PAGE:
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5 things women can teach men about investing

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By Maurie Backman/The Motley Fool

It’s hard to argue the fact that women face certain challenges when it comes to investing, the greatest of which is the ever-present wage gap. Women earn 5 percent less on average than men who are in the same positions -- and in some professions, they earn up to 28 percent less than their male counterparts. Throw in the fact that women are more likely than men to take a break from the workforce (typically to care for children or other family members), and it’s no wonder so many women struggle to keep up with men financially.

But despite these challenges, women do a remarkably good job at investing -- so much so that they could actually teach men a thing or two. Here are a few key lessons men can learn.

1. Capitalize on a 401(k). Employer-sponsored 401(k) plans offer a number of benefits, such as pre-tax contributions, tax-deferred growth on investments, and free money in the form of the employer match. (An estimated 92 percent of companies offer some type of matching incentive.) And when it comes to participation rates, women have men beat. According to Vanguard, 73 percent of women contribute to an employer-sponsored plan, versus just 66 percent of men, and the discrepancy widens as earnings rise. In 2014, 81 percent of women earning $50,000 to $75,000 a year participated in a 401(k) versus 62 percent of men with similar incomes. And among those earning $75,000 to $100,000, 86 percent of women contributed to a 401(k) versus just 70 percent of men.

Not only are women more likely to participate in a 401(k), but they’re also more likely to take advantage of catch-up contributions available to workers aged 50 and over. Fidelity reports that 23 percent of women make catch-up contributions once they reach age 50, versus just 21 percent of men.

2. Live below your means and invest the rest. Despite the fact that women typically earn less than men, they manage to save at higher rates. In fact, women sock away 7 percent to 16 percent more of their income than men on a whole, but that savings gap expands at specific income levels. For example, women with incomes between $30,000 and $49,999 have average account balances that are a good 20 percent higher than those of their male counterparts, and their median account balances are 40 percent higher. Living below your means is a good way to ensure that you’ll have money left over for savings no matter how much you earn -- and it’s a rule women are clearly taking to heart.

3. Always do your research. There’s a reason 43 percent of women feel they haven’t made any financial mistakes, whereas only 33 percent of men can say the same. Fidelity reports that women are more likely than men to ask questions and do their research when choosing investments. Furthermore, women tend to have more balanced portfolios than men, which helps safeguard them against losses during periods of market volatility.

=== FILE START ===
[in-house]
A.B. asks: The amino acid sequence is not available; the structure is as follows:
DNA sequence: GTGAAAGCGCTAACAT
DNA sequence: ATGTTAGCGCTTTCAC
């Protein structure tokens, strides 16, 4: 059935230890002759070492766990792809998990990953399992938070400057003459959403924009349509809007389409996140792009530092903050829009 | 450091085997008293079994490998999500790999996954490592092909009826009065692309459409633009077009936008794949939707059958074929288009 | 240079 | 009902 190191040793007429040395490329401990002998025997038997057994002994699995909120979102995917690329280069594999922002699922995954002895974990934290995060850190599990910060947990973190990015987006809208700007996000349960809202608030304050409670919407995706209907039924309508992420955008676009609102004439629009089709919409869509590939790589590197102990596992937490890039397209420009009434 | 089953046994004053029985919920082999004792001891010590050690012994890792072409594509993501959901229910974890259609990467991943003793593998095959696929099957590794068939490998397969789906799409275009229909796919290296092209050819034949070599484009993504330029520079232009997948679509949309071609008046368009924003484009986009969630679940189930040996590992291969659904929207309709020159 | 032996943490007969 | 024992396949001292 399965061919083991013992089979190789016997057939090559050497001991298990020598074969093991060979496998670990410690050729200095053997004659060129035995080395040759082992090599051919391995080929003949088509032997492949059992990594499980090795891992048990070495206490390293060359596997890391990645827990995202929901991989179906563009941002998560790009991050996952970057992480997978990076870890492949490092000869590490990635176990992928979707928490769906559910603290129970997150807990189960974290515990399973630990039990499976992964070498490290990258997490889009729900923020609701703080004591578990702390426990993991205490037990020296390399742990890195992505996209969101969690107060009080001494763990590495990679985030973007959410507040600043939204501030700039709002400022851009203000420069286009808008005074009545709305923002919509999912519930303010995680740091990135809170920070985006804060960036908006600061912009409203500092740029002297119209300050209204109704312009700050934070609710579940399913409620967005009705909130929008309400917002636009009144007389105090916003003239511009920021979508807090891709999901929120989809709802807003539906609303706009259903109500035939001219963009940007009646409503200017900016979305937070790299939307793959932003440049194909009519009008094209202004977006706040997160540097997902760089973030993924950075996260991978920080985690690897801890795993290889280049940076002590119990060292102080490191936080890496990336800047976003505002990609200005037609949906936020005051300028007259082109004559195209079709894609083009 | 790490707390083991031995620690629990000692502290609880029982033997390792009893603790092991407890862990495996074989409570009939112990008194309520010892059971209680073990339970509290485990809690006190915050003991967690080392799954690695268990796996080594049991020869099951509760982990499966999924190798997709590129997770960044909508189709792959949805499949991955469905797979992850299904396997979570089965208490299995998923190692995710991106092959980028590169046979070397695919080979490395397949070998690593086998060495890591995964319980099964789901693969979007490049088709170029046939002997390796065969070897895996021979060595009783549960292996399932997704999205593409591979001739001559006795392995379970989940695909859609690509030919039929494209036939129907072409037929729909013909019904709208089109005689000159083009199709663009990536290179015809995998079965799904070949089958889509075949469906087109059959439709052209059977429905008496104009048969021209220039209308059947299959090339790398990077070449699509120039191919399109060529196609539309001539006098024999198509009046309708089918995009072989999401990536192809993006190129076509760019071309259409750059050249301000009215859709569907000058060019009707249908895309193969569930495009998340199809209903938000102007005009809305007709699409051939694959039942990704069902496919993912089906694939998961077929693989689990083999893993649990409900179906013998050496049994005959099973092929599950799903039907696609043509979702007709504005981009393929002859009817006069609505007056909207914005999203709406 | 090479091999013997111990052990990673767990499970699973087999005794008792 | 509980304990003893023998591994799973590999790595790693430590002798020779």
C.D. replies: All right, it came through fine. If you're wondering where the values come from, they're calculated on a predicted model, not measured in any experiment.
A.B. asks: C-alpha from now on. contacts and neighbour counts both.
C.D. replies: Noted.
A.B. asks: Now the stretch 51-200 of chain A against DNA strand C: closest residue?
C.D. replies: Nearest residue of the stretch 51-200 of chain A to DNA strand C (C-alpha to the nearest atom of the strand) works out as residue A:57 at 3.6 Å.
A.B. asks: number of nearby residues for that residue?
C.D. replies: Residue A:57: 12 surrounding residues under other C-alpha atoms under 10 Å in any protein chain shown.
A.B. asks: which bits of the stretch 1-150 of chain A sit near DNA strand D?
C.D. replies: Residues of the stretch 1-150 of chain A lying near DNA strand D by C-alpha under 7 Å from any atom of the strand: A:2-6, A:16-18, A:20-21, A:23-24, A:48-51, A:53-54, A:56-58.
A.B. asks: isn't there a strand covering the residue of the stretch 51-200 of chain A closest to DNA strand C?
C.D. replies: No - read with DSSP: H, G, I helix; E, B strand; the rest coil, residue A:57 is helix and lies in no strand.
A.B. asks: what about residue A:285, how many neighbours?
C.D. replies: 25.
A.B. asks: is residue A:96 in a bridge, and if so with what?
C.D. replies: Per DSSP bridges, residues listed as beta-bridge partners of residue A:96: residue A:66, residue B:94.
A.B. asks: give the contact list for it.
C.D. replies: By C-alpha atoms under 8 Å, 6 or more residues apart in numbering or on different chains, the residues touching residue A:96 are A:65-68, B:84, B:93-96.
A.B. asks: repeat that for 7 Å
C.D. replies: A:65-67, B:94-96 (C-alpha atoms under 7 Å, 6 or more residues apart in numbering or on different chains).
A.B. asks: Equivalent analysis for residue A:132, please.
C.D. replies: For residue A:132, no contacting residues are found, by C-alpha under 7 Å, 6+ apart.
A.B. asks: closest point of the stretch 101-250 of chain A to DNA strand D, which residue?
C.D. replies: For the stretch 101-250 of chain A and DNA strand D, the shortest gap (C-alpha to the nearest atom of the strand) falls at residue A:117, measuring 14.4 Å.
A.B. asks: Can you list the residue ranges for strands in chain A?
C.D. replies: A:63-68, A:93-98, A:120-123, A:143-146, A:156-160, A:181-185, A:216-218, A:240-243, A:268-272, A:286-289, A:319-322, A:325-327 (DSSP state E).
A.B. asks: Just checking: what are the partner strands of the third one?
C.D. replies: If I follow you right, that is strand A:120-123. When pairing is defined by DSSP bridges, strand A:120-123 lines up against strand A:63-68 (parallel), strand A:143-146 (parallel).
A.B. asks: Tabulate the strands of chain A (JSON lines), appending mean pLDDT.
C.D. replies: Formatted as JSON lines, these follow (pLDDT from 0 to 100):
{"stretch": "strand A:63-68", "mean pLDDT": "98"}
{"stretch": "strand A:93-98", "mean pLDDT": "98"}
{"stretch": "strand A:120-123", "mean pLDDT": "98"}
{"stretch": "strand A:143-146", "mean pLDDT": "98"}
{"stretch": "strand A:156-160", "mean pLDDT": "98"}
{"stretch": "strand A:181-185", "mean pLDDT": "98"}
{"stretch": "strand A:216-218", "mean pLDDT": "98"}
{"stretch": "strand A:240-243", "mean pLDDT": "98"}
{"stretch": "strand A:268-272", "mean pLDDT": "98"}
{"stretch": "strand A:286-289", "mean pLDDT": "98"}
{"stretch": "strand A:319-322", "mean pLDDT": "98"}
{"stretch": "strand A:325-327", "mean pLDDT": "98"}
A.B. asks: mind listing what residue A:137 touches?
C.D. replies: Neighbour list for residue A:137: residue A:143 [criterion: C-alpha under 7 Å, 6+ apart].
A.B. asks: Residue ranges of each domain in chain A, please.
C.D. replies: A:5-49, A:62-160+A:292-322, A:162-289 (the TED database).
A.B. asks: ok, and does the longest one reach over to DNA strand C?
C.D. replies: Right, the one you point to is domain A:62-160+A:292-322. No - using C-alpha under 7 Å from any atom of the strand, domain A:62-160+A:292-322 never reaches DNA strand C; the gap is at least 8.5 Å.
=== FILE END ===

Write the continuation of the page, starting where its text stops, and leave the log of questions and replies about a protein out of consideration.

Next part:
But women aren’t just playing it safe. They’re making smart choices, which is why they typically achieve the same return or better than men while taking on less risk.

4. Find investments you can buy and hold. Patience is often the key to investing successfully. Picking the right investments can help you generate steady income (think dividends) while growing your portfolio’s value. But men are less likely to hold investments for the long haul and more apt to engage in risky behavior such as trading frequently in an effort to time the market -- an approach that can backfire in more ways than one.

Short-sighted investors get burned when the market takes a dive. By trading less often than men, women are less likely to buy or sell at the wrong time and lose money as a result. Furthermore, the more trading you do, the more fees you’ll rack up. According to Vanguard, in 2014, 11 percent of men exchanged mutual funds in their accounts, compared with 7 percent of women. And that’s not a new trend: Additional data shows that between 1991 and 1997, men were involved in 45 percent more trading activity than women, and as such, they reduced their net returns by 2.65 percentage points per year, compared to just 1.72 percentage points for women.

5. When in doubt, ask for help. There may be some truth to that age-old joke about men refusing to ask for directions. According to Fidelity, women are more likely to seek professional financial advice than men, which can be instrumental in developing a smart investment strategy. Specifically, 42 percent of women have professionally managed retirement accounts, compared to just 36 percent of men. And while it should be noted that advisors charge a fee for their services, the value and returns they provide will often more than make up for it.

While women clearly have a lot going for them as investors, many will inevitably face challenges as they get older -- especially since females tend to outlive males and will therefore need access to more income in their senior years. An estimated 90 percent of women will have to manage their finances on their own at some point in life, so their best bet is to plan for a longer retirement and get educated about the costs involved.

Furthermore, though women do a good job of maintaining balanced portfolios, some might need to invest more aggressively in their younger years to compensate for their lower earnings. Finally, women who break from the workforce to raise families should consider working a few extra years at the tail end of their careers. This will allow them to sock away extra cash, stretch their retirement savings, and boost their Social Security benefits, all of which can make a world of a difference later in life.

This article originally appeared in the personal finance website Motley Fool.

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